MLK was and will always be such a model role and guide for all people; and the fact that he had such a strong connection with TOS and believed in its significance is just fantastic.

All the best for Obama’s presidency!

#8 – Yeah, well we’ll see if he puts up, or shuts DOWN our hopes in space.

Happy MLK day.
IDIC.

There’s been “one of us” in the White House since the founding of this nation, Obama will be no different. Are people happy because a skin color will be President tomorrow? If so, they miss entirely the point of Rev. King’s hopes and dreams. Is it the man or the skin?

Finally a non-remastered clip of TOS (as it should be)! :-) Happy Martin Luther King Day!

As an African American, I still see that we have a long long way to go but this is a fantastic continuation of our fight, struggles, advances and definitely our successes so I shall remain on the positive.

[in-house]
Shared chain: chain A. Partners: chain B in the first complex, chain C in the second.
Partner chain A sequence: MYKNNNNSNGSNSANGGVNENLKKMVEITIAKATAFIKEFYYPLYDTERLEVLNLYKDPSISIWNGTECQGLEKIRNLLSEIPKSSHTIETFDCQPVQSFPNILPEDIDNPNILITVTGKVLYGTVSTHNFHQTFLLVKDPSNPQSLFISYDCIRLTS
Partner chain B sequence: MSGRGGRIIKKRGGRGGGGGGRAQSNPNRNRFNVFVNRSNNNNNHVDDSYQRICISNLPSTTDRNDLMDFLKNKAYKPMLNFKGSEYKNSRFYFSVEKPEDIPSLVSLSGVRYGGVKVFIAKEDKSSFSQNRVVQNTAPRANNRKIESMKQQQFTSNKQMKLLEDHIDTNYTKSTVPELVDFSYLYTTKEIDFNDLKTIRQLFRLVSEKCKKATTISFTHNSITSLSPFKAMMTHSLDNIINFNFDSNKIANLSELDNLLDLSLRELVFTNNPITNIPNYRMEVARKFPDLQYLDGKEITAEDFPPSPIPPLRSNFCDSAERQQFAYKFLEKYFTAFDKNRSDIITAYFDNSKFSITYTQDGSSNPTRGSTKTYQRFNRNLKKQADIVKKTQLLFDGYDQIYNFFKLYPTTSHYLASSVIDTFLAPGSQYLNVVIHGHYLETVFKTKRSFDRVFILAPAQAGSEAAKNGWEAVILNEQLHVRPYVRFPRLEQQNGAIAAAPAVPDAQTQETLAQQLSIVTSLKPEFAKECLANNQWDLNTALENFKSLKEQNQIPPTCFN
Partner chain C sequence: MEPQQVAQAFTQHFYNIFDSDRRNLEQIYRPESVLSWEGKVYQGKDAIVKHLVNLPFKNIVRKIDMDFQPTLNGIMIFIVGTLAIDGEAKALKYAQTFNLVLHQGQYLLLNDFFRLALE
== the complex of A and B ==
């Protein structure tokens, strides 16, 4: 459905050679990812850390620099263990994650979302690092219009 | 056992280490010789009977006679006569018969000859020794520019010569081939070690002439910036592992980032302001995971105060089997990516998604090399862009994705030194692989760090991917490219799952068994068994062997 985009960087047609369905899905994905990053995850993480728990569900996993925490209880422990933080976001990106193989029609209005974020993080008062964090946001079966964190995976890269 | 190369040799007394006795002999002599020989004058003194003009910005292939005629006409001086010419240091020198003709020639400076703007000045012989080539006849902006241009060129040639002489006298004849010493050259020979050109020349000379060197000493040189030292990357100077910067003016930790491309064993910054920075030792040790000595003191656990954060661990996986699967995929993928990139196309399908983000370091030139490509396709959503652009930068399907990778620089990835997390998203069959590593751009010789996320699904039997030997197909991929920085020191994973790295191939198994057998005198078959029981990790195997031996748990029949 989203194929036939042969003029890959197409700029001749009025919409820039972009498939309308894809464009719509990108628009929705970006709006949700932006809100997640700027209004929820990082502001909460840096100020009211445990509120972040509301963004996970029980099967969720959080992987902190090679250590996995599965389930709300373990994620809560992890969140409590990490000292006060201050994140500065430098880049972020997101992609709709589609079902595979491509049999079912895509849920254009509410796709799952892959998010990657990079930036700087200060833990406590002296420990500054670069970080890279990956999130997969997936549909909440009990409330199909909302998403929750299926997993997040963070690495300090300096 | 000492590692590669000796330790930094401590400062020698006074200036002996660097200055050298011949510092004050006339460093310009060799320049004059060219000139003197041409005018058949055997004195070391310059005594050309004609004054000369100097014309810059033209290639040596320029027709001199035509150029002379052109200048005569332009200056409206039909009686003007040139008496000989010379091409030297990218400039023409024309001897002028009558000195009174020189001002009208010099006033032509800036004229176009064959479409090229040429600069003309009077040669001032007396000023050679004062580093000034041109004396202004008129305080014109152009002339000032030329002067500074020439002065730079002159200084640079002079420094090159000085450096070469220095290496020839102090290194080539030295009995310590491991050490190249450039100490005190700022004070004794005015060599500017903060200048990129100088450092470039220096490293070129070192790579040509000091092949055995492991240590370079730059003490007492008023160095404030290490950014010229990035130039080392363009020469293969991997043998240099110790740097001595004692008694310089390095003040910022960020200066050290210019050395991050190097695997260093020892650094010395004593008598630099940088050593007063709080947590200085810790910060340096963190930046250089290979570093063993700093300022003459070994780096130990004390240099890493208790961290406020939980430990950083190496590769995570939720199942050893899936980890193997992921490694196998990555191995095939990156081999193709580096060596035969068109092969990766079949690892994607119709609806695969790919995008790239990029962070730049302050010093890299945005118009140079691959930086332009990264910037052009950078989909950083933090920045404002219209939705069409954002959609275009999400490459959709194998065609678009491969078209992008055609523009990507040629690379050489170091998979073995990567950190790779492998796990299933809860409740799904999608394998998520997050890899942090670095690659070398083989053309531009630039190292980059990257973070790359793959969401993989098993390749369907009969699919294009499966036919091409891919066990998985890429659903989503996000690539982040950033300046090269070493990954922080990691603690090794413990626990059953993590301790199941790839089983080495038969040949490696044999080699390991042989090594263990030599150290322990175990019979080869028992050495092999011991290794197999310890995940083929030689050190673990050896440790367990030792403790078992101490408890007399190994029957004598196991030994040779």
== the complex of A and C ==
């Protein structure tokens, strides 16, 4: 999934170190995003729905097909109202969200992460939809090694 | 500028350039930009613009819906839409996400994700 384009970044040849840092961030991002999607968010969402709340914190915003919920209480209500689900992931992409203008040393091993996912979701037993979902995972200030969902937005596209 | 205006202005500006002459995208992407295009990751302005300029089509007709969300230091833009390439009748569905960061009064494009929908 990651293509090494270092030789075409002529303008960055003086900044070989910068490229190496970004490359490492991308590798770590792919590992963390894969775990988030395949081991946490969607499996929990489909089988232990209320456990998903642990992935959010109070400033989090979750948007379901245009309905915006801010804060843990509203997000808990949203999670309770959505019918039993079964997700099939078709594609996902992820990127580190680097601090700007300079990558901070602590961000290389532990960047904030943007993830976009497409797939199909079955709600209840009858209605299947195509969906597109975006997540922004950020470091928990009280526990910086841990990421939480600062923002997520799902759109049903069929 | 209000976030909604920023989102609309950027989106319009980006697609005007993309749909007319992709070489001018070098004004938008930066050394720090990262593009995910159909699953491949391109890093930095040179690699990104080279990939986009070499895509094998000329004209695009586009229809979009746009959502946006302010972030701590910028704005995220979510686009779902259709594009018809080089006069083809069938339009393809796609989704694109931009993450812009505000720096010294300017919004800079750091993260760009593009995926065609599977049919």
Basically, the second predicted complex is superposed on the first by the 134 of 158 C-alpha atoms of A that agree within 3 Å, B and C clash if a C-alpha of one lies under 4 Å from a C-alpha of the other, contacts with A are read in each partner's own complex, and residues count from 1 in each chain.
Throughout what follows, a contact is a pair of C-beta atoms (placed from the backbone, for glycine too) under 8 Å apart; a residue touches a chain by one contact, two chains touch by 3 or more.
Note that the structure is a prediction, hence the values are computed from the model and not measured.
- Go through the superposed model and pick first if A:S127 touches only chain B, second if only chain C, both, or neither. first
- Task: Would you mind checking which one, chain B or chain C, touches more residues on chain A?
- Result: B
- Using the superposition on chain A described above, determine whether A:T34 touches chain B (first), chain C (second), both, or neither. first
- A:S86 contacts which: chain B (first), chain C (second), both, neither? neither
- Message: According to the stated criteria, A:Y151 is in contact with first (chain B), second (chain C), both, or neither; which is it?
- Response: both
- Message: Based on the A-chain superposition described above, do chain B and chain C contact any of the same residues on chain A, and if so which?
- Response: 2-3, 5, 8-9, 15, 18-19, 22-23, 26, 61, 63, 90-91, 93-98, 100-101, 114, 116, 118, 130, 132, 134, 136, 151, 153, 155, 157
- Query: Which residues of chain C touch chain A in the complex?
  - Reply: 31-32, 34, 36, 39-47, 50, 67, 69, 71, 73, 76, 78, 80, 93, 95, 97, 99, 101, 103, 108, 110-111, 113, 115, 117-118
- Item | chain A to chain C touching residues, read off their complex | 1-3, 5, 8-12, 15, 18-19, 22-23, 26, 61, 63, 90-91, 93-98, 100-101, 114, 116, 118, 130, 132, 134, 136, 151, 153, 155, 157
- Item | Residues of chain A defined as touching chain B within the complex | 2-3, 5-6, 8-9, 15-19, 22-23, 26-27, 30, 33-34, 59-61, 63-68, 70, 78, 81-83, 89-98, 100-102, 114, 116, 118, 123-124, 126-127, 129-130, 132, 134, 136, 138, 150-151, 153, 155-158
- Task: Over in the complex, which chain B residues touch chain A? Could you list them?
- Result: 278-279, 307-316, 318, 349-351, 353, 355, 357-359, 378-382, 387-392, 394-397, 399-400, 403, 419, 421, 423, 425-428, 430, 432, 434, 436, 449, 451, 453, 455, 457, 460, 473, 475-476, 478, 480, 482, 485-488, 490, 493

There are no words to describe my love for MLK so I shall not try, but traveling the world as often as I do brings about a new hope that previous administrations could not come close to visualizing for the population of this planet.

STAR TREK tried and in some part showed us that discrimination amongst any race of people never brings about acheivement but failure for those who choose to exercise it. MLK sought nonviolent communication only to be met by violent consequences but his torch was taken up by many including those who frequent this board.

I can only hope that before I die, we have had yet another President of color in this country and that Gene’s dream of infinite diversity in infinite combinations can executed withour regret.